The first step we recommend for patients experiencing challenges when trying to conceive is learning as much as possible about fertility and its treatment options. Understanding the various types of fertility medications is an important component of education for all fertility patients, both women and men alike. So, at The IVF CenterSM, we want to help you better understand currently available fertility medications.
The most common fertility medications are classified as ovulation induction drugs. Ovulation induction medications are approved for patients with various ovulation disorders with the goal of producing a single mature egg during a treatment cycle.
In addition, these drugs may be used for what is known as “super” ovulation in patients with normal ovulation function. These medications stimulate the ovaries to produce more than the usual one follicle per month, thus increasing the number of eggs exposed to sperm and increasing the chance for pregnancy.
Another type of ovulation induction medication is classified as gonadotropins Menopur, Bravelle, Follistim®, Gonal-F®). They can stimulate the ovaries to produce many dominant follicles each cycle. Gonadotropins are currently administered by injection. These fertility medications can be used in combination with sexual intrauterine insemination (IUI), or In-vitro Fertilization (IVF) to enhance your chance for conception.
What are the Risks of Fertility Medications?
Use of fertility medications carries risks that can vary depending on the patient’s diagnosis as well as the response to specific medications. In general, the most common risks, more often associated with the gonadotropin class drugs, include the following:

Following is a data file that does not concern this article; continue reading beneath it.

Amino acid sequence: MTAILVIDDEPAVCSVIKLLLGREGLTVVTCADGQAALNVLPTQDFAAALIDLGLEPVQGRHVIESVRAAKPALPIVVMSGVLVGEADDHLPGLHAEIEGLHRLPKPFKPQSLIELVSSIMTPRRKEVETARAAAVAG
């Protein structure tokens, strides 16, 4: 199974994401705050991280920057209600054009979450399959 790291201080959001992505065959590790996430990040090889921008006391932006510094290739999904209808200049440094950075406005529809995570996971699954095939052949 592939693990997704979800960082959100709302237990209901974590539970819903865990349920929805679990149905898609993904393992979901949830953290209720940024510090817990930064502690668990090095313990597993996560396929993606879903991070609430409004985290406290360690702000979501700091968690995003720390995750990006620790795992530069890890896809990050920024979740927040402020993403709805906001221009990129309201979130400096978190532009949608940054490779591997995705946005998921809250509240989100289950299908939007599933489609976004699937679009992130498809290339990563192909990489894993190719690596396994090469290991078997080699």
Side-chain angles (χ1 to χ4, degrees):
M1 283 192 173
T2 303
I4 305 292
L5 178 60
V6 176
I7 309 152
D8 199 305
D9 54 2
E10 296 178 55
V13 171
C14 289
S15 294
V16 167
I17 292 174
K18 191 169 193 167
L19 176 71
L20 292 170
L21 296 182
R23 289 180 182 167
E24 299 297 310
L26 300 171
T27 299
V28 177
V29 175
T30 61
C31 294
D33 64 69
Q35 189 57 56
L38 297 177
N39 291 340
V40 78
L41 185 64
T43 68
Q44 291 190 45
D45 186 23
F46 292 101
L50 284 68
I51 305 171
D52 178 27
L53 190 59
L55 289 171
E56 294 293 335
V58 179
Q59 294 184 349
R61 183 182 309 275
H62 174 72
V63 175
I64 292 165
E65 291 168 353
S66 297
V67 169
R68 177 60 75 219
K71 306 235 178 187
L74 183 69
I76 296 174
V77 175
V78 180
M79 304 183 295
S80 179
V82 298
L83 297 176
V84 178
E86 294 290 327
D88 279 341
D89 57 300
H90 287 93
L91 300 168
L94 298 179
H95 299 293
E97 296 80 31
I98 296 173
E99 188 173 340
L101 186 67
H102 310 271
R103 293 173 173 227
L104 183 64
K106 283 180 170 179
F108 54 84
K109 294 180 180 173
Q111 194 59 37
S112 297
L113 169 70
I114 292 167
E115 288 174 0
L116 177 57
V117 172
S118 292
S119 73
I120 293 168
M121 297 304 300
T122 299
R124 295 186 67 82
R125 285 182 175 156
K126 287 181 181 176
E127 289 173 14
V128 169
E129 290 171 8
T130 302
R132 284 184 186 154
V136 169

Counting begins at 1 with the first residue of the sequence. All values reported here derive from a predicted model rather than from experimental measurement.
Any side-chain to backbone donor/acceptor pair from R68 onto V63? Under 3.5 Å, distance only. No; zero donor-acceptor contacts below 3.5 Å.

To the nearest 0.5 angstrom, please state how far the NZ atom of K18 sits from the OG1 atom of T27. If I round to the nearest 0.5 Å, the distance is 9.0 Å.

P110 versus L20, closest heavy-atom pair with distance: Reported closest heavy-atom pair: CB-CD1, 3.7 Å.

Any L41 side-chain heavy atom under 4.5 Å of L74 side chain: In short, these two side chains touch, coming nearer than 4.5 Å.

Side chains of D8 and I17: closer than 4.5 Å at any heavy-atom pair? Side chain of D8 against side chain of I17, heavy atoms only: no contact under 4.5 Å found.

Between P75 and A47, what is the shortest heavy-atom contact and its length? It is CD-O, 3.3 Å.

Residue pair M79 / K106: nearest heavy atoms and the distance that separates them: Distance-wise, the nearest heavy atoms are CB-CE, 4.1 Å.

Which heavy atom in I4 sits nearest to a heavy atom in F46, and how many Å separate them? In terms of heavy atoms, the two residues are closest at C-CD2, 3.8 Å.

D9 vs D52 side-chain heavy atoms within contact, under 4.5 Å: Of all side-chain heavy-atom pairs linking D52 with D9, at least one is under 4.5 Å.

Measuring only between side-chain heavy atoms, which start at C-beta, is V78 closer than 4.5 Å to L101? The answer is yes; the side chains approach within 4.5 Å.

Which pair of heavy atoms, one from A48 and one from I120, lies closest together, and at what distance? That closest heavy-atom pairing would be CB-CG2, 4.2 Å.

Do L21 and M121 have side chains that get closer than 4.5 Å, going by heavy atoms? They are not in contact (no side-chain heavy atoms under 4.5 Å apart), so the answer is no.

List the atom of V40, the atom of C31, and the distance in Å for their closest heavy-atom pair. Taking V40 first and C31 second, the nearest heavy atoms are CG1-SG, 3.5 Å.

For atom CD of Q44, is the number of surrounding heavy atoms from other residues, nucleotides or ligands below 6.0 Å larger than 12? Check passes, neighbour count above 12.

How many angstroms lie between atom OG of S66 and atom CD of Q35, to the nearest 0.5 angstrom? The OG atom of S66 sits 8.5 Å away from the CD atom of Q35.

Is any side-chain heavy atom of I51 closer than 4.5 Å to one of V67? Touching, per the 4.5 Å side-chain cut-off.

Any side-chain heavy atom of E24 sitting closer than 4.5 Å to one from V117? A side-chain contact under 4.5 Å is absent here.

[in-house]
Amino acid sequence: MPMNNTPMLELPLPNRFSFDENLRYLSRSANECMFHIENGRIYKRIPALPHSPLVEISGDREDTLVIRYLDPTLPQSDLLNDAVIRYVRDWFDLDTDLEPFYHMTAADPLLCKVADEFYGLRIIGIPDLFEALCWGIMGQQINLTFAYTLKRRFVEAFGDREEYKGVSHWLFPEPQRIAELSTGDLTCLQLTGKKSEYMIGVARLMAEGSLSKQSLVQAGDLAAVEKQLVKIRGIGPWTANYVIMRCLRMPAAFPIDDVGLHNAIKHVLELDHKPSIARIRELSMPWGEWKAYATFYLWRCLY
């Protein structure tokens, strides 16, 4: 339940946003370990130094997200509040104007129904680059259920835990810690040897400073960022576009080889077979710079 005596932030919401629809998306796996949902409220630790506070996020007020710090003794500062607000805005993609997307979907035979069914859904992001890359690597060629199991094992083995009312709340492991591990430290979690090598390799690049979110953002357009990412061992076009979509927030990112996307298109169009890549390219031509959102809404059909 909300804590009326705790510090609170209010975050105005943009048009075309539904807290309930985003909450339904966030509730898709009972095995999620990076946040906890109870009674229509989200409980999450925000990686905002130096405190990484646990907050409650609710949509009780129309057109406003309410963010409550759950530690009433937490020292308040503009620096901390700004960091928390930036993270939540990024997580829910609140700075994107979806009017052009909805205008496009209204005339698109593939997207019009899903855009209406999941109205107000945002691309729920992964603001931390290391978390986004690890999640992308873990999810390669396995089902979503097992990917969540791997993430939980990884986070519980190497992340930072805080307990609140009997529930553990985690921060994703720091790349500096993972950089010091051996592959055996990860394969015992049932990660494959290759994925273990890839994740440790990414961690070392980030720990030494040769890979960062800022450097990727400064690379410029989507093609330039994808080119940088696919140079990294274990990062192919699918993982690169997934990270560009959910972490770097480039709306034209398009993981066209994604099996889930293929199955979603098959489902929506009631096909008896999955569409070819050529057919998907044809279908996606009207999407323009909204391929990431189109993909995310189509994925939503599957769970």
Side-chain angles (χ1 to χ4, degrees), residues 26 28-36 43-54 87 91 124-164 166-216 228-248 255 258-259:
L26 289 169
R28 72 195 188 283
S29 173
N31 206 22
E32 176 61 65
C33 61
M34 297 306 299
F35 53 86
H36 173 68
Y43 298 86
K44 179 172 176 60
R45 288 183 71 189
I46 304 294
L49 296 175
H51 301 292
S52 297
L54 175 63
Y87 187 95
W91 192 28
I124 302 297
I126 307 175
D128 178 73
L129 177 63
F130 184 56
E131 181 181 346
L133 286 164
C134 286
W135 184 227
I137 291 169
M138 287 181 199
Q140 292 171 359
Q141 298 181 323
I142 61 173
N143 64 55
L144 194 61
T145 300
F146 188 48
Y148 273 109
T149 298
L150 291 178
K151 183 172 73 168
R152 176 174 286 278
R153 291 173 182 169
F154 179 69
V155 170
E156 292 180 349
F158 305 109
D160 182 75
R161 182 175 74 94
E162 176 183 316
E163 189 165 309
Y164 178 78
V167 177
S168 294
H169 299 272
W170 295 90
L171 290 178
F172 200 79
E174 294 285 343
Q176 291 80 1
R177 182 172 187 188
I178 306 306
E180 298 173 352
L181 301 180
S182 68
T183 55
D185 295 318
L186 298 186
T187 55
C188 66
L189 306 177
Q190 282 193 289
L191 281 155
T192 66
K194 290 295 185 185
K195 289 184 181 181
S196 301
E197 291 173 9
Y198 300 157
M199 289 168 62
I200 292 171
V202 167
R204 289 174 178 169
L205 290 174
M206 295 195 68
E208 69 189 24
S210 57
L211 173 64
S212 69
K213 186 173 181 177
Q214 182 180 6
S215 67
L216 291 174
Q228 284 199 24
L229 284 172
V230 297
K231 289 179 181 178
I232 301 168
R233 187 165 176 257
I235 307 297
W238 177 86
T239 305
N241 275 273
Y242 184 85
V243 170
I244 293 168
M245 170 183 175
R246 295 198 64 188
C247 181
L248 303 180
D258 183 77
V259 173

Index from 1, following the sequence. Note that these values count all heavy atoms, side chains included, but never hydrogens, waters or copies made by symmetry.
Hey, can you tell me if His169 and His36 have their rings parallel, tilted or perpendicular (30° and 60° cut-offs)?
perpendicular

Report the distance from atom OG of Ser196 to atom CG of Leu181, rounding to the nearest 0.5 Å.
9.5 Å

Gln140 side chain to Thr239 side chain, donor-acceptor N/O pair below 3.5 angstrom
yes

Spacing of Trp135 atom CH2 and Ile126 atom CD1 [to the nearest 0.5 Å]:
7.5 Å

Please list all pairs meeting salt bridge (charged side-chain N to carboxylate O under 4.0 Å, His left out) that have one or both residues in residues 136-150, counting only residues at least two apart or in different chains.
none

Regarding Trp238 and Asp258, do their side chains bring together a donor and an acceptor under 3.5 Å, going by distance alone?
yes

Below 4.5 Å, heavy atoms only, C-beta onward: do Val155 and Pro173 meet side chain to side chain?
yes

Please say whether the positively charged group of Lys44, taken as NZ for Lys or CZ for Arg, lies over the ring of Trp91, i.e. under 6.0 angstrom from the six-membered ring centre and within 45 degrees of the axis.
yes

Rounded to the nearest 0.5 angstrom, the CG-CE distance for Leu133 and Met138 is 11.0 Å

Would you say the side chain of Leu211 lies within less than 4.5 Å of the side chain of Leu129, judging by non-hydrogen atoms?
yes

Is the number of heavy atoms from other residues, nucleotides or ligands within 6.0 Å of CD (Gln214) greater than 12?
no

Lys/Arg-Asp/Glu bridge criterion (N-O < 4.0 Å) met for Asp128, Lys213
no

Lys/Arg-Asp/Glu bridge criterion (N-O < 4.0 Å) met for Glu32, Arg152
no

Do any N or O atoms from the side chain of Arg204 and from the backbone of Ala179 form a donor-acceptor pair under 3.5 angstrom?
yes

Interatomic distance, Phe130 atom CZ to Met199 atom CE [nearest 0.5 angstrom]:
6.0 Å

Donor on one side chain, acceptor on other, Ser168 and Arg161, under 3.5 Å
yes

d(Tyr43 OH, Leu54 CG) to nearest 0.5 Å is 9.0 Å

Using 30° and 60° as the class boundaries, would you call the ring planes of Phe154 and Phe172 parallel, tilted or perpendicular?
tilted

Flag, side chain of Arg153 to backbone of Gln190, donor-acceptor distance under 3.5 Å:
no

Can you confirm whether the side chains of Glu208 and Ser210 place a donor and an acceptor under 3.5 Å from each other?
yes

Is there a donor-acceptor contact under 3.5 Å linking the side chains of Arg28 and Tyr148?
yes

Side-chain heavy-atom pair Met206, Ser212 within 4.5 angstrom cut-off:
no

Ovarian Hyperstimulation Syndrome
This side effect occurs in about 1-5% of cycles. The ovaries become enlarged due to overstimulation by fertility medications. The blood vessels supplying the ovaries become ‘leaky’ and this results in fluid collecting in the abdomen. In severe cases (~1% of treatment cycles) hospitalization is required for management. The problem lasts for 1-2 weeks but can be longer if pregnancy results.
Since fertility medications cause more follicles to be stimulated for growth, a higher rate of multiple births results. The multiple birth rate with clomiphene citrate is 5-10% and with gonadotropins it is 15-20% per pregnancy. In order to put these statistics in perspective, the chance for a couple to have a multiple birth spontaneously is about 1-2%.
This situation occurs when the embryo implants outside the uterus, most commonly in one of the fallopian tubes. Ectopic pregnancy occurs in approximately 2% of women attempting to conceive, but this number may be slightly higher with the use of fertility medications.
Twisting (torsion) of the enlarged, stimulated ovary can occur in about 1% of cycles. The ovary is cut off from its blood supply, causing abdominal pain. Surgery may be required to untwist the ovary or, rarely, remove it.
Past studies associated fertility medications with ovarian cancer. The risk is probably more related to continued ovulation in infertility patients than medication exposure. Pregnancy and the use of birth control pills, both of which prevent ovulation, decrease the risk. Many more recent studies, have not demonstrate a relationship between fertility drugs and ovarian cancer.
At The IVF CenterSM, our goal is to empower you with knowledge so you can further “take charge of your fertility.” We work cooperatively with you to provide the optimal individualized treatment plan that will maximize your chance for success.